In “Those Old Scientists,” Boimler and Mariner — time travelers from the 24th Century — are borderline horrified by Spock smiling and attempting to make bad jokes. Cleverly, Strange New Worlds uses what seems like canon inconsistencies to actually make a point about how people change. Boimler believes that a smiling Spock is not really the character. Just like fans being jarred by Spock smiling in “The Cage” or flashbacks from “The Menagerie,” emotional Spock can read as a mistake, rather than a nuance. Boilmer, as a cipher for a confused fan says, “This is just like what a phase and he’ll get over and get back to like his serious, real self soon?”
In some ways, Boimler is right. What we’re seeing in Strange New Worlds is new, but, it’s also a fallacy for us to believe that “serious” Spock is also “real” Spock. In 1966, “The Naked Time,” was only the fourth episode of Star Trek ever aired, and the seventh episode ever filmed. This means that extremely early in Star Trek canon, we got an episode in which Spock was openly crying like a baby. Within the canon of Trek, it seems pretty likely that Kirk didn’t put all of that into his logs, out of respect for Spock, which is also probably doubly true of Spock yelling at people at the beginning of “Amok Time.”
Relative to their perception of “smiling Spock,” Boimler and Mariner lack something we have as fans. We have an overall idea of “serious” Spock in our minds, but once we start looking at individual Spock stories, all from the classic era, Spock “acting out of character” becomes the basis of his character.
As Ethan Peck put it earlier in 2023, “It’s possible that ‘normal’ Spock doesn’t exist.” But for Mariner and Boimler, they’re really only going off of history books, which were almost certainly influenced by Pike, Kirk, and others, just selectively leaving information out. Although Mariner and Boimler are somewhat obviously very aware of Pike’s tragic fate at the start of “The Menagerie,” it’s possible that they’re not aware of how that story ended for Pike. “The Menagerie” concludes with Pike living out, happily on Talos IV. But who put him there?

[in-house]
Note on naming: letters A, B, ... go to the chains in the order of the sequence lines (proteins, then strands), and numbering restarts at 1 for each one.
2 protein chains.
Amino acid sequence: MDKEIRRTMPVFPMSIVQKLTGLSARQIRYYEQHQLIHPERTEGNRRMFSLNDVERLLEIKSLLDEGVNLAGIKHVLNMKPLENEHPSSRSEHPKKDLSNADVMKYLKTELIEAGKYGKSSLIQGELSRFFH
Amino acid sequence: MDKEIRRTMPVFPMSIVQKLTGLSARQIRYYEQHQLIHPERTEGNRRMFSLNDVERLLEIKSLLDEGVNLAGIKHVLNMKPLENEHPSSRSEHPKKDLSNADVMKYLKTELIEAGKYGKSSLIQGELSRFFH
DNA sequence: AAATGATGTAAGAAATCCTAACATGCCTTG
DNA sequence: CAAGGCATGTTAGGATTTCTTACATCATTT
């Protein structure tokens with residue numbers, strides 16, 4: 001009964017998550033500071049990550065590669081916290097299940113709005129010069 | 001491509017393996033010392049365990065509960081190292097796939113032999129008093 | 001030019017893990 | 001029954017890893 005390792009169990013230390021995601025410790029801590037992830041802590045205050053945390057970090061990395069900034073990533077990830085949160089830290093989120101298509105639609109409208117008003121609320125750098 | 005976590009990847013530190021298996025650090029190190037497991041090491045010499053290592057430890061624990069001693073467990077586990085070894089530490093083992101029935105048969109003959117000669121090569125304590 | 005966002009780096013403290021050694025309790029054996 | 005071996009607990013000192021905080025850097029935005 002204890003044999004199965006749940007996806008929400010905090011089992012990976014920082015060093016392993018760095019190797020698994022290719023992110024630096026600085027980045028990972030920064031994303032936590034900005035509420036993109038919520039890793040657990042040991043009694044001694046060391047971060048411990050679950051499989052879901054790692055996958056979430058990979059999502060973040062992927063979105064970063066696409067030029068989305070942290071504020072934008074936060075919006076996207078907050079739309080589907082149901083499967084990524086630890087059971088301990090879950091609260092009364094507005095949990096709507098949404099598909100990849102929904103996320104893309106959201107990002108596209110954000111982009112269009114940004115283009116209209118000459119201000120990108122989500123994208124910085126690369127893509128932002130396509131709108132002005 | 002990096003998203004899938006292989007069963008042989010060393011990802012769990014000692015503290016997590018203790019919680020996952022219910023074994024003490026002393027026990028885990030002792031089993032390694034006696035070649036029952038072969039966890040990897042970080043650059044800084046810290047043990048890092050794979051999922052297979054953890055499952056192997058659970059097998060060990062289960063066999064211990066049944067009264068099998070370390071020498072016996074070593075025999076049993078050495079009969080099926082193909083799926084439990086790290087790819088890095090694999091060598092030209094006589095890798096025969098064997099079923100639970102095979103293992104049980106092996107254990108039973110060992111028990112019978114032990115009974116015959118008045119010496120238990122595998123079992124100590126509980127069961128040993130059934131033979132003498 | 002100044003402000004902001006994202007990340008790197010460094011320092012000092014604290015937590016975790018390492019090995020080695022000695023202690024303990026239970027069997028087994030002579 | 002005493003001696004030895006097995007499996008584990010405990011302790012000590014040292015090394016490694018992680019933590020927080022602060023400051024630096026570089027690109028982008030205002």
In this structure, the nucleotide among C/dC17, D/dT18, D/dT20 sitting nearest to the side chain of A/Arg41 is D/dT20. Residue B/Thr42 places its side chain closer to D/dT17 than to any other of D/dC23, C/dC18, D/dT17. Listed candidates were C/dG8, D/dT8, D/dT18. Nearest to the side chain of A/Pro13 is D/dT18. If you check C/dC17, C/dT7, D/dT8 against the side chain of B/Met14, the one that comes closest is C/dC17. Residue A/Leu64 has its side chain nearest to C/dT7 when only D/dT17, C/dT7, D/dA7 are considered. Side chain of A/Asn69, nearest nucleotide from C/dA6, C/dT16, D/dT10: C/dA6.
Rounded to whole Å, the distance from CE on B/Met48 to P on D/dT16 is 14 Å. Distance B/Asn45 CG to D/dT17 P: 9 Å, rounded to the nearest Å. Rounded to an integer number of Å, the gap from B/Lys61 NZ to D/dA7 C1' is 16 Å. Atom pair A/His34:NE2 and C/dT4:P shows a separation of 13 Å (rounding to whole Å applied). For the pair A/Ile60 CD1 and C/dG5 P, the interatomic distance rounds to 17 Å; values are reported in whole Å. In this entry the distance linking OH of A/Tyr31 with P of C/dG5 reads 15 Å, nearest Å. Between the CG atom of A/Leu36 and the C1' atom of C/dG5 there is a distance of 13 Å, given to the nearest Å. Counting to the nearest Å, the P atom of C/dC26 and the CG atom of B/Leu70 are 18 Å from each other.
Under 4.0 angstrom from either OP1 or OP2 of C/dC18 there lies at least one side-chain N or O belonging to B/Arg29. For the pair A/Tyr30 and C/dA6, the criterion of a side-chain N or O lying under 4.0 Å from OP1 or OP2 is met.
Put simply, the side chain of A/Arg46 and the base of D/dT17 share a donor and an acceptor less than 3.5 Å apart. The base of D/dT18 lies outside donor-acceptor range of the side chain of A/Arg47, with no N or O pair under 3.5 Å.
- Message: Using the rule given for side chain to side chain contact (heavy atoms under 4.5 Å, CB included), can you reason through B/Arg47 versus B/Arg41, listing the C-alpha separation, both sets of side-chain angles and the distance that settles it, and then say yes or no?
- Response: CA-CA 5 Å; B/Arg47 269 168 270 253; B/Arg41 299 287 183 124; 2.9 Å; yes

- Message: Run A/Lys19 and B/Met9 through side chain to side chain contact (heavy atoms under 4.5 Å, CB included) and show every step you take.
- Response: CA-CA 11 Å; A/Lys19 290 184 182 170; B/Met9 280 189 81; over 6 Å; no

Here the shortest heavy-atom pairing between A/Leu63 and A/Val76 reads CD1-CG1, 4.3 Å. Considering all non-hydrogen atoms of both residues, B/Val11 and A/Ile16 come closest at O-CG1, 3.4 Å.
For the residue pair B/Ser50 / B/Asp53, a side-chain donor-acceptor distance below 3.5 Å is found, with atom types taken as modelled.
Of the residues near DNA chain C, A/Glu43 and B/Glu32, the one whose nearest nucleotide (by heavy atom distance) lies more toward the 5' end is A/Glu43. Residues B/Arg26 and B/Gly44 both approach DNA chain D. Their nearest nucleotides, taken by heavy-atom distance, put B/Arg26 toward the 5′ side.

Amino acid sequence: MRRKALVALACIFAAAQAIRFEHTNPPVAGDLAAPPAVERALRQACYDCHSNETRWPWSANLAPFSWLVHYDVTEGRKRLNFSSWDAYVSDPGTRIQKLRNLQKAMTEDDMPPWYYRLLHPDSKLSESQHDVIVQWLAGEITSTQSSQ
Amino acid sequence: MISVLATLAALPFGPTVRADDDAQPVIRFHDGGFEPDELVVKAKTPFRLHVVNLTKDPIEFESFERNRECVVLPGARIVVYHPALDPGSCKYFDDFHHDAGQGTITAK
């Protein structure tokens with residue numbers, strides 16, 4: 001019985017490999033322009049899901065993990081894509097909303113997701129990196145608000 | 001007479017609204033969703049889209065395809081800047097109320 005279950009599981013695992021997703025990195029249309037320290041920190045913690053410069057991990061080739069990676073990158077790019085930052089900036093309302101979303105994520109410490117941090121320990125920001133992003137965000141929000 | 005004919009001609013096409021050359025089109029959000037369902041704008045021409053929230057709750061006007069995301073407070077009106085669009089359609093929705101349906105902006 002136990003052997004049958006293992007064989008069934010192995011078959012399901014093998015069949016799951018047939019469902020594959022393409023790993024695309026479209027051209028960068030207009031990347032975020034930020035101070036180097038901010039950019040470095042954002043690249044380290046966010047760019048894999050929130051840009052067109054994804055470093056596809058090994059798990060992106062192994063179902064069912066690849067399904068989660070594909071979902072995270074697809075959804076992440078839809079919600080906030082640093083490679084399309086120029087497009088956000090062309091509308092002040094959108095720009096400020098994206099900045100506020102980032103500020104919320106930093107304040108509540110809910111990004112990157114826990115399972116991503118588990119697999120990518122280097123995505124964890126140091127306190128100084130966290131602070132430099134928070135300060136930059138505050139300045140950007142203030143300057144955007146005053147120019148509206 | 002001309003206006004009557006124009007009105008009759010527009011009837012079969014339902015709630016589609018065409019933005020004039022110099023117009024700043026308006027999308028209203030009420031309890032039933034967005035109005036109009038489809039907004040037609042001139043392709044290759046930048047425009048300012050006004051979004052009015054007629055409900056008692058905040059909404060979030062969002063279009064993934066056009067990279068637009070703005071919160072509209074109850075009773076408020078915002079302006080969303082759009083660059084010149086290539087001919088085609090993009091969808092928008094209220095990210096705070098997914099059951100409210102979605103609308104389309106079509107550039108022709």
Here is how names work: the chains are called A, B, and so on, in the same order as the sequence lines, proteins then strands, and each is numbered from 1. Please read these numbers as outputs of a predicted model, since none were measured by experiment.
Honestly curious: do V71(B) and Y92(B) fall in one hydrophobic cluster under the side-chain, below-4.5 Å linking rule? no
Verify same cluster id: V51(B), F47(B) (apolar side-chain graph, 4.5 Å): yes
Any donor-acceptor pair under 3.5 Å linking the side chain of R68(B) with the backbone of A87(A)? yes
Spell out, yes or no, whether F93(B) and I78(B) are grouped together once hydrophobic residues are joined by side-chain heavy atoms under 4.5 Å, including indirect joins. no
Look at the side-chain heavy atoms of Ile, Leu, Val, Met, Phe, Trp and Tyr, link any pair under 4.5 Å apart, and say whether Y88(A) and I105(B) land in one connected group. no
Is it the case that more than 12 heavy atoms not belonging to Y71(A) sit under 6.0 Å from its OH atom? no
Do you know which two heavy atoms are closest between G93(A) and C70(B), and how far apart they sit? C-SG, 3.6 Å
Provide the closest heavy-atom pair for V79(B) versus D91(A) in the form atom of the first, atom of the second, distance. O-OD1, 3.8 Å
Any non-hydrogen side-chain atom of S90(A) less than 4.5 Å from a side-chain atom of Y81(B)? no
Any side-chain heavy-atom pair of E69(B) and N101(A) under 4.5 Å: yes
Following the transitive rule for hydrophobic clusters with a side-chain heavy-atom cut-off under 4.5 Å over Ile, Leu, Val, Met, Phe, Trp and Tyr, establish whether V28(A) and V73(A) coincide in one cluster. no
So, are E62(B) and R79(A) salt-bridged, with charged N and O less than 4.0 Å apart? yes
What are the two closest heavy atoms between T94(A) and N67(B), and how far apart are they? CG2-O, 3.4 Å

If Spock hadn’t acted out of compassion, and stolen the U.S.S. Enterprise to get Pike to Talos, that happy ending couldn’t have happened. At the very end of that episode, that’s when Kirk confronts Spock and drops that “flagrant emotionalism” line. Spock cuts him off saying, “I see no reason to insult me, sir; I believe I've been completely logical about the whole affair.” When Boimler and Spock discuss Spock’s more stoic future reputation, Spock says, “I have no choice but to stay true to the path I have chosen in this time. If you sway me, then my future will have been altered, is that not logical?”
It’s a mic-drop moment that Boimler can’t deny, and represents one of many times this season that Spock has stood up for his human heritage a bit more than he did in The Original Series. Because even if Boimler did sway Spock a tiny bit, what this journey of self-discovery proves is that only Spock knows what’s right for Spock, and our shared definition of his character doesn’t just come from our projections or perceptions — of which there are many! Instead, the defining feature of Spock’s character isn’t coldness or emotionalism, but rather his struggle between the two. And the choices he makes aren’t about canon or the timeline. Spock’s choices to become himself in Strange New Worlds reaffirm what Kirk said in The Wrath of Khan. Of all the souls we have known in Star Trek, Spock’s is perhaps the most…human…of them all.